Believe it or not, NBA free agency didn’t always exist. Up until the late 1980’s, the only way a player could change uniforms was via trade, compensatory signing (basically a mini trade), or taking a year off from the game after his contract was up. Team owners had all the power when it came to contracts, prompting an antitrust lawsuit against the NBA to be filed in 1970 by the legend, and then-president of the players’ union, Oscar Robertson.

The result was an elimination of what was known as the “reserve clause,” thus allowing no longer contracted players to sign elsewhere should they so desire. That being said, teams still retained the “right of first refusal," meaning that if you were a top talent in the league, you were likely stuck playing for the organization that drafted you until they decided otherwise.

It took many years for NBA players to obtain the level of “free agency” they have today. In 1982, Kevin Durant absolutely re-signs with the Thunder. He wouldn’t have a choice. Now, it's owners, coaches, general managers, and players lining up at KD’s door, vying for the opportunity to sell him on their organization. In 2016, Durant signs with the Golden State Warriors.

To celebrate the development, unpredictability, and excitement of modern day free agency, here are the most impactful decisions in NBA history, ranked. Note: It’s not just the on-court impacts we’re looking at here, but how particular signings altered the complexion of the Association forever.

Honorable Mentions:

Dwyane Wade (to the Chicago Bulls)
Cue the Diddy-Dirty Money music: Dwyane Wade is coming home. Well, sort of. The artist formerly known as Flash hails from Chicago, but he’s been the sheriff of Wade County in South Beach ever since getting drafted by the Heat back in 2003. He delivered the organization its first championship and helped propel the Big 3 Heatles to back-to-back titles in 2012 and 2013. 

All signs pointed towards Wade being a lifer in Miami, but uncertainty in the chaotic 2016 free agency world changed his narrative real quick. Whether Pat Riley is to blame for his departure (due to Riley not properly compensating Wade for taking less money during several prior contract years so the team could acquire more assets) or it’s simply a case of a man jumping at the opportunity to play professional basketball in the city that raised him, Wade is starting the final chapter of his career. One alongside Jimmy Butler and Rajon Rondo—a deliciously bizarre trio.

Wade won’t bring the city championships, but his decision is perhaps a symptom of his best friend LeBron scooting back home two off-seasons prior.   

Gilbert Arenas (to the Washington Wizards)
Before he was toting guns and taking names, Agent Zero was a standout second round draft pick for the Golden State Warriors who averaged 18 points, 6 assists, and 5 rebounds in just his second season. A restricted free agent in 2003, the Wizards offered Gilly a 6-year $60 million contract, which the Warriors were unable to match since Bird Exceptions (more on this later) didn’t apply to second round draft picks. To ensure that teams were able to match the offers made by other teams in these types of situations, the NBA instituted the Gilbert Arenas Rule in the 2005 Collective Bargaining Agreement.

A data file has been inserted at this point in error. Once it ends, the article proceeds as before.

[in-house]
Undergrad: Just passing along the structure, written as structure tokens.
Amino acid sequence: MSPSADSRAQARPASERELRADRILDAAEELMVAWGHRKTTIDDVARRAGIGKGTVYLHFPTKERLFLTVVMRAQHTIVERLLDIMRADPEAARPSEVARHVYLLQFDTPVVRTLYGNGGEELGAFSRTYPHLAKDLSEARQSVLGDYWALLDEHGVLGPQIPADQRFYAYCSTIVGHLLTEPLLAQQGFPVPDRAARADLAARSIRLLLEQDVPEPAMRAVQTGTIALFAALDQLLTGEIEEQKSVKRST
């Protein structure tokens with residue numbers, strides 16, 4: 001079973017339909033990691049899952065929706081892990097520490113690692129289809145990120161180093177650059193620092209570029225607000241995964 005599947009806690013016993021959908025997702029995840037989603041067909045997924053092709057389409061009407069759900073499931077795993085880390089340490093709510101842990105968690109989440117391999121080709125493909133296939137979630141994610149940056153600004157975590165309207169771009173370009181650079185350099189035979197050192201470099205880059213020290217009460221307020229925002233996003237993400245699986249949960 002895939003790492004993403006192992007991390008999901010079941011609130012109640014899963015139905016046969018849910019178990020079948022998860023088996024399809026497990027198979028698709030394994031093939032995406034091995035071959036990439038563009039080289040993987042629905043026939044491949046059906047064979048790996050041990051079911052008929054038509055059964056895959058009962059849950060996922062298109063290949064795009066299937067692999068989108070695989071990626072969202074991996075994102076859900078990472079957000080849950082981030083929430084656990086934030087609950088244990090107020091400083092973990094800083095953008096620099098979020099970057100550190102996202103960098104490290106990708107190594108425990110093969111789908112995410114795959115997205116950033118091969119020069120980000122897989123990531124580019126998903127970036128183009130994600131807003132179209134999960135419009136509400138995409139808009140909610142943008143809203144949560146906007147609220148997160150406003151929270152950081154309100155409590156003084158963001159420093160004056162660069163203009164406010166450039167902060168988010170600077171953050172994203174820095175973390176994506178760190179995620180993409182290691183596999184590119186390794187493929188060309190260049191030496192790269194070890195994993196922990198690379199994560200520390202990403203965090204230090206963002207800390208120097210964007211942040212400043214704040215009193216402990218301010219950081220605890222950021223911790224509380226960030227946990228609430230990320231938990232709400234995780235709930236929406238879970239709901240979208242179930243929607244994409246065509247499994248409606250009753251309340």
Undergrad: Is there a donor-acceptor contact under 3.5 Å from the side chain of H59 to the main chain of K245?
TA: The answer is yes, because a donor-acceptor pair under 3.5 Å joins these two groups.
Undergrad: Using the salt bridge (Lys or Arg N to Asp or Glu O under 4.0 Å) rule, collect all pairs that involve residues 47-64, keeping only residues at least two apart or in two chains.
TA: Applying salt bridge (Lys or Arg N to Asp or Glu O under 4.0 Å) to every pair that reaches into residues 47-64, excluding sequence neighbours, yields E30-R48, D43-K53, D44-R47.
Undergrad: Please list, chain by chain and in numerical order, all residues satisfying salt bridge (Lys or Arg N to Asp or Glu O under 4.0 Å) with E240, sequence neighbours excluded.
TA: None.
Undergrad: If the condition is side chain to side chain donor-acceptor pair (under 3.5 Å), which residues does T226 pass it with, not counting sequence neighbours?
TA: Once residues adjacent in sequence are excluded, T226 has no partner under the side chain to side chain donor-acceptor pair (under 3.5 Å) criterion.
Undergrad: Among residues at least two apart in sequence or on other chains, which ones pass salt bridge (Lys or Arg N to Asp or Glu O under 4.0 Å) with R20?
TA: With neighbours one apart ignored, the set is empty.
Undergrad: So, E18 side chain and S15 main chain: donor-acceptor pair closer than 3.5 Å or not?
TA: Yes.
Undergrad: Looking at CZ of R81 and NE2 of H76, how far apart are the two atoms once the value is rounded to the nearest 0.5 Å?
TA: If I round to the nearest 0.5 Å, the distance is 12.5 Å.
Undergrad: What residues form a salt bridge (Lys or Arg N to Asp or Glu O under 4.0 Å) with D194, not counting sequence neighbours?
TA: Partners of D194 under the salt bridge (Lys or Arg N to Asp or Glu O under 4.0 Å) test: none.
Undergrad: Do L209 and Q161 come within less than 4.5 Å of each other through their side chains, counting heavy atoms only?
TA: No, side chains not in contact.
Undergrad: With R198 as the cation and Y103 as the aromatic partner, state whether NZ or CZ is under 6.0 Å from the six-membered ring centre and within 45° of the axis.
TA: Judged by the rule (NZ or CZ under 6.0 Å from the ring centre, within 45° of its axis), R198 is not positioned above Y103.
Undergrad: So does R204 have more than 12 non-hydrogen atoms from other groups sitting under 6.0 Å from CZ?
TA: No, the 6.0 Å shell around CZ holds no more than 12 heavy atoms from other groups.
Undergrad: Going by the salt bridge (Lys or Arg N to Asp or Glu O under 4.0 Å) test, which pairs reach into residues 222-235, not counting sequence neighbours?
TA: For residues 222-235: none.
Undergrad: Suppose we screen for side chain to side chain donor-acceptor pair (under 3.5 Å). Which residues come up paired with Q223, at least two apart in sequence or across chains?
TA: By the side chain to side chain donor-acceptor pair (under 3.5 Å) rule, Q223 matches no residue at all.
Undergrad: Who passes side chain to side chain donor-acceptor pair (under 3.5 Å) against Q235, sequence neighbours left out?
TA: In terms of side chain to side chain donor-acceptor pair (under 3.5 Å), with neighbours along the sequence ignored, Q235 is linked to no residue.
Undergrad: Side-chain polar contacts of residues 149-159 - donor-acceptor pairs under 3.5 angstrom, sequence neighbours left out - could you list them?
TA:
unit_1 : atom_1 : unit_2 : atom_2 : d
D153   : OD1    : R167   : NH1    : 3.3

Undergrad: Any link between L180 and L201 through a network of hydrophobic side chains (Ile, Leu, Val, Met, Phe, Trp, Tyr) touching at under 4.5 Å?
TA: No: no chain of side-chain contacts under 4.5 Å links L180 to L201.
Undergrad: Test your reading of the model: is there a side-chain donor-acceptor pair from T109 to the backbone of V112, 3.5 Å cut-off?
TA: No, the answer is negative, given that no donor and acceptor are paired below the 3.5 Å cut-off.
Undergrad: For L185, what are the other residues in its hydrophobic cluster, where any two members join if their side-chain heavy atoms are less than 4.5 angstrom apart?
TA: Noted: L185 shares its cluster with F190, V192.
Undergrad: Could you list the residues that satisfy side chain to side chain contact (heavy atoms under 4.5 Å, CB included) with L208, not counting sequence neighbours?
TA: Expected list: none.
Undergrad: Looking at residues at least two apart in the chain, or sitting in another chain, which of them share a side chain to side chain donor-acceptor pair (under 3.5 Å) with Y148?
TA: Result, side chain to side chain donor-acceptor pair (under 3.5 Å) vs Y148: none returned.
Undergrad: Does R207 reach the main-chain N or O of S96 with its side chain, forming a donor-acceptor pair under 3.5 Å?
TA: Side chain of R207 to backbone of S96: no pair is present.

Among other effects, the Arenas Rule has led to the poison pill loophole which allowed the Houston Rockets to offer Jeremy Lin a back-loaded contract that would have forced the Knicks to cough up millions of dollars in luxury tax money.    

DeAndre Jordan (to the Los Angeles Clippers)
✈️ 🚙 🚁 🚀 🍌 🚣. #NeverForget

Chris Bosh (to the Miami Heat)
LeBron James wasn’t the only player who took his talents to South Beach in 2010. Bosh joined the King and D-Wade in Miami and helped lead the super team to four straight NBA Finals appearances and two championships.

LaMarcus Aldridge (to the San Antonio Spurs)
The San Antonio Spurs typically send ripples through the pond that is free agency—preferring to sign low cost, high reward free agents—but in the summer of 2015, they made a huge splash. To prepare for the imminent breakup of their aging Big 3, the Spurs signed all-star power forward LaMarcus Aldridge.

Although his tenure with the Spurs got off to a rocky start, Aldridge reminded us why he was considered a top five player with the Blazers down the stretch and in the postseason. Against OKC, he dropped 38 and 41 in Games 1 and 2 respectively and finished the series averaging 27 points per game. Along with Kawhi Leonard, Aldridge is the future of the San Antonio Spurs organization and he’s an example of the modern day free agent superstar changing uniforms for a better chance of winning.